U.S. Pat. No. 4,156,846 discloses a method of detecting the occurrence of arcing faults by monitoring the RF current in the neutral grounding lead of the generator. This method utilizes the fact that neutral currents due to arcing have a characteristic frequency distribution which can be predicted from the resonant characteristics of the current path and is distinctly different from the frequency distribution of neutral currents resulting from other causes such as corona discharge within insulation voids. By monitoring the neutral current for this characteristic frequency distribution, the occurrence of an arcing fault can be detected at a relatively early stage.
The neutral grounding lead is commonly connected to the ground by a grounding transformer, and the relatively high impedance of the transformer limits the magnitude of the neutral RF current. This limits the sensitivity and ability to detect an arcing fault in the stator winding. With a dry-type neutral transformer, the ability to detect an arcing fault is less than it is with an oil-filled transformer due to the substantially higher impedance of a dry-type transformer. With the replacement of oil-filled neutral transformers with dry-type transformers, it is becoming increasingly difficult to detect arcing faults with an RF current monitoring technique.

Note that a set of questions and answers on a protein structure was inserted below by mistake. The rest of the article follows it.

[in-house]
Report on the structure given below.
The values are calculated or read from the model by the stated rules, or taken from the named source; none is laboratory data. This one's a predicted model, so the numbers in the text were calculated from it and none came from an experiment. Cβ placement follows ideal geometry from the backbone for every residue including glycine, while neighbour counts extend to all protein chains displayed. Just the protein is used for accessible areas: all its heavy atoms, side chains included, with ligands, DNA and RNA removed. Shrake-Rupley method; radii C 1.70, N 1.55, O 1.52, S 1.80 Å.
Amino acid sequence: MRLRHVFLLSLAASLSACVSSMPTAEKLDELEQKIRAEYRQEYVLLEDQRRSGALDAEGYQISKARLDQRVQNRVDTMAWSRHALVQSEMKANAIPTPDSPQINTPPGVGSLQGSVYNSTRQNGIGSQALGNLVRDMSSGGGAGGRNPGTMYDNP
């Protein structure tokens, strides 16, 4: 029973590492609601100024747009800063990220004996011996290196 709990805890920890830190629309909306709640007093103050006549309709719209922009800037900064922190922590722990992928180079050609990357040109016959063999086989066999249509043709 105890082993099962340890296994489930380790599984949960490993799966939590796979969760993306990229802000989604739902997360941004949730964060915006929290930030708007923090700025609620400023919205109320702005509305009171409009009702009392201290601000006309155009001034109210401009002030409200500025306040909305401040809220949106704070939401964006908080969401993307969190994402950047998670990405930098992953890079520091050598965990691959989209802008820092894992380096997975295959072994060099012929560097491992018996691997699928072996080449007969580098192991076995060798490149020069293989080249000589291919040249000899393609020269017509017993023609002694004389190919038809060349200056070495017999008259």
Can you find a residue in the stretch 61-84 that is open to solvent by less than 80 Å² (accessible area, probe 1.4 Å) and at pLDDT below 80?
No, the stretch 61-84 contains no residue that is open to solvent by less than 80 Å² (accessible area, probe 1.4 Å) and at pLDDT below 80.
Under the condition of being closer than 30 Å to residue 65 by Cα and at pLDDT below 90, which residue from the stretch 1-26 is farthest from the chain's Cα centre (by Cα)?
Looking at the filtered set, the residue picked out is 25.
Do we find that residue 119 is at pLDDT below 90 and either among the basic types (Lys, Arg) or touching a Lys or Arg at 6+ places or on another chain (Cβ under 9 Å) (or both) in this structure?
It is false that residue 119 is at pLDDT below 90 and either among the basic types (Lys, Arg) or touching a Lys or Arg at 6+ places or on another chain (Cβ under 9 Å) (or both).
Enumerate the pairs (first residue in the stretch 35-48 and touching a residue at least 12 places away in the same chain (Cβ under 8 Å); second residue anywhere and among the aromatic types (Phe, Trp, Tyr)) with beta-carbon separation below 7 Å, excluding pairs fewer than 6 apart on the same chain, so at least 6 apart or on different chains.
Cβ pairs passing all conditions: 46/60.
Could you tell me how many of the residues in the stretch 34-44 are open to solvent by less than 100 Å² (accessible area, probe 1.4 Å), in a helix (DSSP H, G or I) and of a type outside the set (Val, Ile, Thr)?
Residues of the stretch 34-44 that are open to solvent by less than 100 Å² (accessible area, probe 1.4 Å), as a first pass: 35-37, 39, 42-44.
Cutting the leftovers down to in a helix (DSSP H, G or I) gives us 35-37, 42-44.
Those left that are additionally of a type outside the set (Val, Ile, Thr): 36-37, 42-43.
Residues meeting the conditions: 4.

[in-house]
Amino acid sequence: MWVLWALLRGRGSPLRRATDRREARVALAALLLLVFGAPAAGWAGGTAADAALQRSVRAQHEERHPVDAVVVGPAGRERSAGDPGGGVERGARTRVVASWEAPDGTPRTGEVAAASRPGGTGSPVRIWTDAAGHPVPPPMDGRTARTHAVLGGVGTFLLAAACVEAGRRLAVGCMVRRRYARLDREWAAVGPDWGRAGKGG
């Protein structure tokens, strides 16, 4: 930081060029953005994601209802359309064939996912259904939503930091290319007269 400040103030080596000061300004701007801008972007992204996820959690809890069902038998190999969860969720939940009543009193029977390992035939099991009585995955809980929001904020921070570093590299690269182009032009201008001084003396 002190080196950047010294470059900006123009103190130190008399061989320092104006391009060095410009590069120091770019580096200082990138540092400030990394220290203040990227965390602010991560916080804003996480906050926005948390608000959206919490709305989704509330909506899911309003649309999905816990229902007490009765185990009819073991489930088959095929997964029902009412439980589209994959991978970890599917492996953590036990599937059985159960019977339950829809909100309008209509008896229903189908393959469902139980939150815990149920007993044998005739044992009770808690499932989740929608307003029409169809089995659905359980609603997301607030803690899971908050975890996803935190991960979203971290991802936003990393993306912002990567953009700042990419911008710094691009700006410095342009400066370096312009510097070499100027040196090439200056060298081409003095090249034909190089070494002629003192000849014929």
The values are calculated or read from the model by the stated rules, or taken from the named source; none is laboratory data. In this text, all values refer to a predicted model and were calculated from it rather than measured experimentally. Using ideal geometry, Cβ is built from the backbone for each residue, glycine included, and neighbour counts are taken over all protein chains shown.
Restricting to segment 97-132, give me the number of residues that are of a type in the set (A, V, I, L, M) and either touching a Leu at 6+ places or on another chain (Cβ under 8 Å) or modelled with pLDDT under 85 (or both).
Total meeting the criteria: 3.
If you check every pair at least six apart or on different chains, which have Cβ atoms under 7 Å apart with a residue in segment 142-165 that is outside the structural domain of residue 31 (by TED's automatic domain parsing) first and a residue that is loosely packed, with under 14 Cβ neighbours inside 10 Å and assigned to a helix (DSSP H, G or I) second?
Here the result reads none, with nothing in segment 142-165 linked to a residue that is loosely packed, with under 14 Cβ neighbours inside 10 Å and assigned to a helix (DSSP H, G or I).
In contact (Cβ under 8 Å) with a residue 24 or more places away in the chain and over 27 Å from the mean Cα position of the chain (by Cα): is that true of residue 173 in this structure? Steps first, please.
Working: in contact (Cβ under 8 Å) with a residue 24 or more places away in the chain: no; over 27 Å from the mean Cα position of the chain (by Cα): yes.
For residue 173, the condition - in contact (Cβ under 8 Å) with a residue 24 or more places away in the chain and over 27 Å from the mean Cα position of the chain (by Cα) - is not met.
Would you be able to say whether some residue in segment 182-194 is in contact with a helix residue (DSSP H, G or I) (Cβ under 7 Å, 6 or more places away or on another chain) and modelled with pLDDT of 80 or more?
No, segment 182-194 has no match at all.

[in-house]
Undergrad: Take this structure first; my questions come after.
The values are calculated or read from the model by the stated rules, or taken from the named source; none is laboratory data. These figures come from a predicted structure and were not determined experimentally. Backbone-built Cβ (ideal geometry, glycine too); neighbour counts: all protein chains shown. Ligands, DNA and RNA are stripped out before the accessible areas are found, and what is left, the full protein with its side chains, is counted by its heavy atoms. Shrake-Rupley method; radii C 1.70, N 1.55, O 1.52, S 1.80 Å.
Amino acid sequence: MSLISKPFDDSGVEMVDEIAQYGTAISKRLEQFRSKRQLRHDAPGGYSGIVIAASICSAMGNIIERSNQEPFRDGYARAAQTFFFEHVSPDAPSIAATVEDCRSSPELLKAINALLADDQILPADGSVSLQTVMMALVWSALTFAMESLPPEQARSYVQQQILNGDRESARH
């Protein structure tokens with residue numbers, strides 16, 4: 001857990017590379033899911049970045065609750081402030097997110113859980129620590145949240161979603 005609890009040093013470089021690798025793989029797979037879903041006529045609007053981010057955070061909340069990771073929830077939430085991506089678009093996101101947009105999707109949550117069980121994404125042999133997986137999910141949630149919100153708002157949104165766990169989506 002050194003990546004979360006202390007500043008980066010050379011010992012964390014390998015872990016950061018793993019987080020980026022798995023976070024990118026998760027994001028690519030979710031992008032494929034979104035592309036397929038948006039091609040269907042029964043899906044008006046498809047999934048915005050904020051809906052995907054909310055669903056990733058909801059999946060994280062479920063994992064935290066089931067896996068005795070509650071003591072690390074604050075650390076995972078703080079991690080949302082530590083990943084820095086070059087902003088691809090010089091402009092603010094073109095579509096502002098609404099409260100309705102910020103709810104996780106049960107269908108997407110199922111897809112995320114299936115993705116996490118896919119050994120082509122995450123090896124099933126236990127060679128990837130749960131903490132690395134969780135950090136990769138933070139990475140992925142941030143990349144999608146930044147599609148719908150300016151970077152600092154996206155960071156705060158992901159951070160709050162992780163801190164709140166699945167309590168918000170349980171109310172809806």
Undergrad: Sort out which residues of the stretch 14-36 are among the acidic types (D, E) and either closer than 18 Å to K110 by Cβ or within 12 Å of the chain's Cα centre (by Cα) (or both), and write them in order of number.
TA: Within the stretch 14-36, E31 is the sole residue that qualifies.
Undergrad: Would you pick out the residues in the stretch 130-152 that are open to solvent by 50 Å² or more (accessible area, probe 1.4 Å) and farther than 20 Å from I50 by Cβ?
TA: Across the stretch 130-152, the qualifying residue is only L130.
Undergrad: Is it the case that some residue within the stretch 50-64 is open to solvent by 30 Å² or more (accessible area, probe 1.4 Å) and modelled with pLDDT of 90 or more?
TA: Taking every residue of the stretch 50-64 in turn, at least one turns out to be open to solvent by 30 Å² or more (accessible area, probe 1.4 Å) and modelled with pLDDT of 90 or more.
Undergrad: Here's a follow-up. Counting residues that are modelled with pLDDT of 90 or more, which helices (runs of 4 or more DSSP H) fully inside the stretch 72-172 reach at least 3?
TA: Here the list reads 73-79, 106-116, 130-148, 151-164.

It is in general an object of the invention to provide a new and improved system and method for detecting arcing faults in a dynamoelectric machine.
Another object of the invention is to provide a system and method of the above character which overcome the limitations and disadvantages of techniques heretofore employed for detecting arcing faults.
These and other objects are achieved in accordance with the invention by monitoring the neutral lead of a dynamoelectric machine for a radio frequency voltage produced by arcing in the machine, providing a warning signal in response to a change in the radio frequency voltage, and providing a shutdown signal in response to a radio frequency voltage greater than a predetermined level. An RF voltage coupler is capacitively coupled to the neutral lead, and a radio frequency monitor connected to the voltage coupler detects peaks in the RF voltage.